The first thing that strikes you about the Canon 28-70mm f2.8L is it’s size. This is a big heavy chunk of glass, with the biggest lens hood I’ve ever seen on a lens of this spec. It feels very well made although the zoom action is only smoothish, not absolutely even. It stiffens slightly at the wide end. Part of the reason for this and the huge hood is that the front of the lens extends quite some distance as you reach 28mm. This lens was replaced by the 24-70 f2.8L some time ago, but as it appears built to last a lifetime, I’d have no worries about buying a used one.
Canon’s L series of lenses are famous for their optical quality, but most, like this one, were designed for film - So how does it perform with the Canon EOS 20D?. The short answer is - extremely well - not perfect, but pretty close. Full aperture results at 28mm at first glance look softer than I expected, but with a little careful sharpening, even these look great. Full aperture resolution is better from 35mm on although corners are very slightly soft throughout the range particularly in areas of high contrast. The area affected by this is smaller than with most lenses though.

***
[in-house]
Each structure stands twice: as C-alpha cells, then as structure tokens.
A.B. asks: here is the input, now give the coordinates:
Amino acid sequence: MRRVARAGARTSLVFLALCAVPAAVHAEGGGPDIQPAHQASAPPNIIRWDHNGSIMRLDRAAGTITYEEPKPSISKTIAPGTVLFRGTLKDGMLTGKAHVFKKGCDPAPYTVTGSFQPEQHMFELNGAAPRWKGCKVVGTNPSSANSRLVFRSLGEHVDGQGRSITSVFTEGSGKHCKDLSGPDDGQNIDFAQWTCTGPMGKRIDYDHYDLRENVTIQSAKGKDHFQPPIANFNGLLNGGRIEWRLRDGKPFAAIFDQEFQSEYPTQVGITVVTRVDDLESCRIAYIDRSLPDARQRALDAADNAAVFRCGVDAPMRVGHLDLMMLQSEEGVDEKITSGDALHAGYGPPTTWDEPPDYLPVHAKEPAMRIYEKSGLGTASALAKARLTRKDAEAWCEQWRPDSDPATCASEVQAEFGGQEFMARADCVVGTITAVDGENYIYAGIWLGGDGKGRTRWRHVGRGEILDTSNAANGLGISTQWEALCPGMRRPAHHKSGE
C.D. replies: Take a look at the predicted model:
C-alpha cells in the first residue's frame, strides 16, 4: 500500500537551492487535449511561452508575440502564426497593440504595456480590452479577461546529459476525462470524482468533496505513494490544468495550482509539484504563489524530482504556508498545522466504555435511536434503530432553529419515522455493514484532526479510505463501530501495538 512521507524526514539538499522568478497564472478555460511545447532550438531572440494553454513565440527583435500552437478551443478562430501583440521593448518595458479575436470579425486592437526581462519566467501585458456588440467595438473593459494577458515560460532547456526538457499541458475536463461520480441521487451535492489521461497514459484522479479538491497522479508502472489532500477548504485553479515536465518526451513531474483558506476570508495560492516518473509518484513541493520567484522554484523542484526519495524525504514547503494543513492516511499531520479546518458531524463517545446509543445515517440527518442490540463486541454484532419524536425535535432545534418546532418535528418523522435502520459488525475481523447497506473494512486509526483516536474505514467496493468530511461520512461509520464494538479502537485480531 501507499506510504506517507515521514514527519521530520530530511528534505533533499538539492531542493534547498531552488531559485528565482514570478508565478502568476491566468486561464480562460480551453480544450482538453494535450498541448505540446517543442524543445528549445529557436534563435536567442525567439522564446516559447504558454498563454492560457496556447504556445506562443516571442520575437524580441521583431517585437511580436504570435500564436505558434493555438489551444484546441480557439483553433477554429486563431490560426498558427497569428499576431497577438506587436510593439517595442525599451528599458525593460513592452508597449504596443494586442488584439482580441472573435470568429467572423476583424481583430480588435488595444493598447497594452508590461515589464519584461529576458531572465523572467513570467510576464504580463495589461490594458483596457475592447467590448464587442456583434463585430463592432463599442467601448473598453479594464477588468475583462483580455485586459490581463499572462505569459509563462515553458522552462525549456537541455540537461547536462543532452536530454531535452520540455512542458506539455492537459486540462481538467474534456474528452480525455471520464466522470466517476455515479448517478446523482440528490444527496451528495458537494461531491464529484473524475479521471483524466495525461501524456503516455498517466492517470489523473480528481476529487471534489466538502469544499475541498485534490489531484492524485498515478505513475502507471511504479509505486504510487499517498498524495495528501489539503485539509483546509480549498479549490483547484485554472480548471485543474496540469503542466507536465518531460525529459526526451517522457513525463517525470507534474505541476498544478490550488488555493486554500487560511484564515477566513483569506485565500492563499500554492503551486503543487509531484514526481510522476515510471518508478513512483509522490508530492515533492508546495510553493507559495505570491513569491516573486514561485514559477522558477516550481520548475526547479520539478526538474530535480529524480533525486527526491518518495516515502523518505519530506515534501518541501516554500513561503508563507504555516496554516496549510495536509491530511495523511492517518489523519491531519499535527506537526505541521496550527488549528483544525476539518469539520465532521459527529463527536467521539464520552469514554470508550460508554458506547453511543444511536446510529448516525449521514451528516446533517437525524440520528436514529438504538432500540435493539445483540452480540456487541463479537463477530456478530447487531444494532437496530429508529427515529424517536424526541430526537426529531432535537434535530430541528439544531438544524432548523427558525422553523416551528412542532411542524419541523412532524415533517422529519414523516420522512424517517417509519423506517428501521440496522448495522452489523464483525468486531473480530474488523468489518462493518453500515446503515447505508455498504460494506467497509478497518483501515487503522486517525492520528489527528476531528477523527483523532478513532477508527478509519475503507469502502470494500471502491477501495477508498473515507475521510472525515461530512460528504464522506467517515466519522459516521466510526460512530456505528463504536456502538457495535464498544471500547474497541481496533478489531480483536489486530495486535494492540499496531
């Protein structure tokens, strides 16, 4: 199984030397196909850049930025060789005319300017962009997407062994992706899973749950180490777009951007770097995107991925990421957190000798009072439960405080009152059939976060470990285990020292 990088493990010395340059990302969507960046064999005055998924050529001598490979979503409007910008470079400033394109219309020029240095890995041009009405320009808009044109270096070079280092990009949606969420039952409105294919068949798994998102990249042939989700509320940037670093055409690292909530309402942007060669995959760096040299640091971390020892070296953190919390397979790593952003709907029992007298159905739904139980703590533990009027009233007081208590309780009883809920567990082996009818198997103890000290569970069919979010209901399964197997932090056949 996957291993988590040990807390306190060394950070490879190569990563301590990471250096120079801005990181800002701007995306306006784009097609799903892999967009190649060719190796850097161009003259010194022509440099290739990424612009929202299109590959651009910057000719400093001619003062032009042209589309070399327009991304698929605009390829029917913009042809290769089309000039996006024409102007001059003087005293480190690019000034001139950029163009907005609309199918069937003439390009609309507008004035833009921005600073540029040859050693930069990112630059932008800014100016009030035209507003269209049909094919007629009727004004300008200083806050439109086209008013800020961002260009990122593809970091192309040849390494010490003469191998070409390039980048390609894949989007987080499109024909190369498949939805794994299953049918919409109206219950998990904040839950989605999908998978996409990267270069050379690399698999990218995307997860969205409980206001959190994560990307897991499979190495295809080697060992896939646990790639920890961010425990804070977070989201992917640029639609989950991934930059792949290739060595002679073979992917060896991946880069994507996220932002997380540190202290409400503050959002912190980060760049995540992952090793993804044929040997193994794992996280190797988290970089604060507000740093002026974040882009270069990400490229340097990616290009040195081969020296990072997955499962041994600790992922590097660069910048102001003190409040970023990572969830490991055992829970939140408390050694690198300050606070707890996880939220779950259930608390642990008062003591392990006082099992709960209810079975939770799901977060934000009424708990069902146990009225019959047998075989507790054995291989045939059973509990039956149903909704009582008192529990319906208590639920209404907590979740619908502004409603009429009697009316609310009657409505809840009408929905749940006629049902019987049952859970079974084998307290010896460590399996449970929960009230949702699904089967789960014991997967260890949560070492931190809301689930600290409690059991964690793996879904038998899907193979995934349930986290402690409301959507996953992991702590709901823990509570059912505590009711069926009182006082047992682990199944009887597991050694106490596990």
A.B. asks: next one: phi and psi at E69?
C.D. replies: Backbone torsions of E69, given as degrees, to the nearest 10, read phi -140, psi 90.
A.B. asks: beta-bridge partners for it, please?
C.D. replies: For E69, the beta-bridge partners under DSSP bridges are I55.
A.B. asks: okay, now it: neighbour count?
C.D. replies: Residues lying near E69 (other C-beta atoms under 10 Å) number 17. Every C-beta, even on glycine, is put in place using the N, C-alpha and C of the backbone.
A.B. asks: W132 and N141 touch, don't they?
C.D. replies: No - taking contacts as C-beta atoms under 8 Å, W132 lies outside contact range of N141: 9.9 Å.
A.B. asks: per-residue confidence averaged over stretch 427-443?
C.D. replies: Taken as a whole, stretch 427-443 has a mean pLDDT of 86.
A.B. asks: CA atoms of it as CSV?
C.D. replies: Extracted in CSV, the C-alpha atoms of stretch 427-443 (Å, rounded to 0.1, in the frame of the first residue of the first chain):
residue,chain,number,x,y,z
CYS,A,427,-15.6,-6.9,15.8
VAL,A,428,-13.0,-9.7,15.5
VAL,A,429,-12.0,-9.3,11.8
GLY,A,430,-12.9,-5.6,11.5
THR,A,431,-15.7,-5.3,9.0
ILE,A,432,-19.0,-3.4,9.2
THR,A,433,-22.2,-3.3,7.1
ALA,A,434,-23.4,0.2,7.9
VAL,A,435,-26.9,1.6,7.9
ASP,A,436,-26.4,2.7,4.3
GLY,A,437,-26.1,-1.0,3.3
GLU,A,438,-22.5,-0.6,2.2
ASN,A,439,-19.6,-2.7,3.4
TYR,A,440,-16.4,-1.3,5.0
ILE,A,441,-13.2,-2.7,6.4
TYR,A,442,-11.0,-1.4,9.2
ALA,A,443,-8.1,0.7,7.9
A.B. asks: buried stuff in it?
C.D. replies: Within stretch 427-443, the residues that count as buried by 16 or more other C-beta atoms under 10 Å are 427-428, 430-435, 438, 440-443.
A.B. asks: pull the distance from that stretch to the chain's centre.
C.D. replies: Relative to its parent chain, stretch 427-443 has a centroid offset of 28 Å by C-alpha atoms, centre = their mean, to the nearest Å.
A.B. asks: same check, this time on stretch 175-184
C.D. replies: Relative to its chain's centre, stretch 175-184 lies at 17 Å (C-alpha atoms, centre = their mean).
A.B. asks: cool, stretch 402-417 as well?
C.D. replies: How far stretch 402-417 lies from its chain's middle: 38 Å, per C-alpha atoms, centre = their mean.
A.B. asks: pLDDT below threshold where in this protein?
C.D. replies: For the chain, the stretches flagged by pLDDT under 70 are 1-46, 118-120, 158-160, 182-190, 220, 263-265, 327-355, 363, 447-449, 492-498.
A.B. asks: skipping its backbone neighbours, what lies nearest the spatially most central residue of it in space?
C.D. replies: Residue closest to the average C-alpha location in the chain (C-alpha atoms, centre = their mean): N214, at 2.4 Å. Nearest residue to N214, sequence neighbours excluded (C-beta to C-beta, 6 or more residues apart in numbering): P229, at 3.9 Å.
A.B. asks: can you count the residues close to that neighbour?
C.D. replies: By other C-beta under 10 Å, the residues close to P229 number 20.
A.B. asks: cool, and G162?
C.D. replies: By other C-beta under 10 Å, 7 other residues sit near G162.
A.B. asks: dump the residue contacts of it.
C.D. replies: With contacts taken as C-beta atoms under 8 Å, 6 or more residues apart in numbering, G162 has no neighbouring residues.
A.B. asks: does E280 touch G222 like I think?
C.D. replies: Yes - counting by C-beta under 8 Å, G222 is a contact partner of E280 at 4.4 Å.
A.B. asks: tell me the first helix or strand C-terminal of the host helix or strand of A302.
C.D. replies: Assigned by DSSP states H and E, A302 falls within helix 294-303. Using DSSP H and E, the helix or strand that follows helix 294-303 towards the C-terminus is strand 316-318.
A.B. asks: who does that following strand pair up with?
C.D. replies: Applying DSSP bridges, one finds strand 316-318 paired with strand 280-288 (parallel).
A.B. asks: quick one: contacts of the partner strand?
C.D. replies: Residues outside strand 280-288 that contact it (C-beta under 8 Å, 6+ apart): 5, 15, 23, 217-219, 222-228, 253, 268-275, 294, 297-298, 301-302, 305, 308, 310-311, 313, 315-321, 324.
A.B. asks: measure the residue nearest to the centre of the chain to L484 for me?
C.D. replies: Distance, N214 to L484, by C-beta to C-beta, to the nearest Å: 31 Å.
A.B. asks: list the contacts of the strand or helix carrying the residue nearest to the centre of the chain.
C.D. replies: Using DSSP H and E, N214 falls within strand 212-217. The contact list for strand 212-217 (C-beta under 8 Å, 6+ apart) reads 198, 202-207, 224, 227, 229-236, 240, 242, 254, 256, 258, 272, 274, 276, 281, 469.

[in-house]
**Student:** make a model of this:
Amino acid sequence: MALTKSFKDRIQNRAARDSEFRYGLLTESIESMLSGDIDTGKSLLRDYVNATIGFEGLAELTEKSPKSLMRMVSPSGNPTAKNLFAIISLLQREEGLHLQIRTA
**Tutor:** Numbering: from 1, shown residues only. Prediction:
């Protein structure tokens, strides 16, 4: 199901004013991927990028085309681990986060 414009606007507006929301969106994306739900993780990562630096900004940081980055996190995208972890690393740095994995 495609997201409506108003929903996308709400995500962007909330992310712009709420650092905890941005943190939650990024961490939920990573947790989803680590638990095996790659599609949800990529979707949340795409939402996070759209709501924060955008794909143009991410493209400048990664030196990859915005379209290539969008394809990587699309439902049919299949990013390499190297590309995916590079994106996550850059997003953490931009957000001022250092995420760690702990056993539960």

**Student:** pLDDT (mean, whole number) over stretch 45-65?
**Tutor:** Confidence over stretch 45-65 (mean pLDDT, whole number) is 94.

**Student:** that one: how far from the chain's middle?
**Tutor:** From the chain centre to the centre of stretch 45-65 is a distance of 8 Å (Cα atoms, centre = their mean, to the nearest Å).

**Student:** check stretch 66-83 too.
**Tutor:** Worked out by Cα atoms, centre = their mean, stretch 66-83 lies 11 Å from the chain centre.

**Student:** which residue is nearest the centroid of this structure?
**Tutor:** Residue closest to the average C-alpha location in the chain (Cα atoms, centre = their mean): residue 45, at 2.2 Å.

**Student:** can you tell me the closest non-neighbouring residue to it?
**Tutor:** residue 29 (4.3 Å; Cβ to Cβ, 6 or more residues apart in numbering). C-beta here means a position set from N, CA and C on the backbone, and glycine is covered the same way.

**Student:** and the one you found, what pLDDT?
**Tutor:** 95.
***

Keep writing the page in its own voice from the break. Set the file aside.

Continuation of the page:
Even at full aperture central sharpness levels are maintained until about 70% of the distance to the corner. It really goes without saying that well stopped down to f5.6 and beyond performance is superb.
Full Frame DSLR Test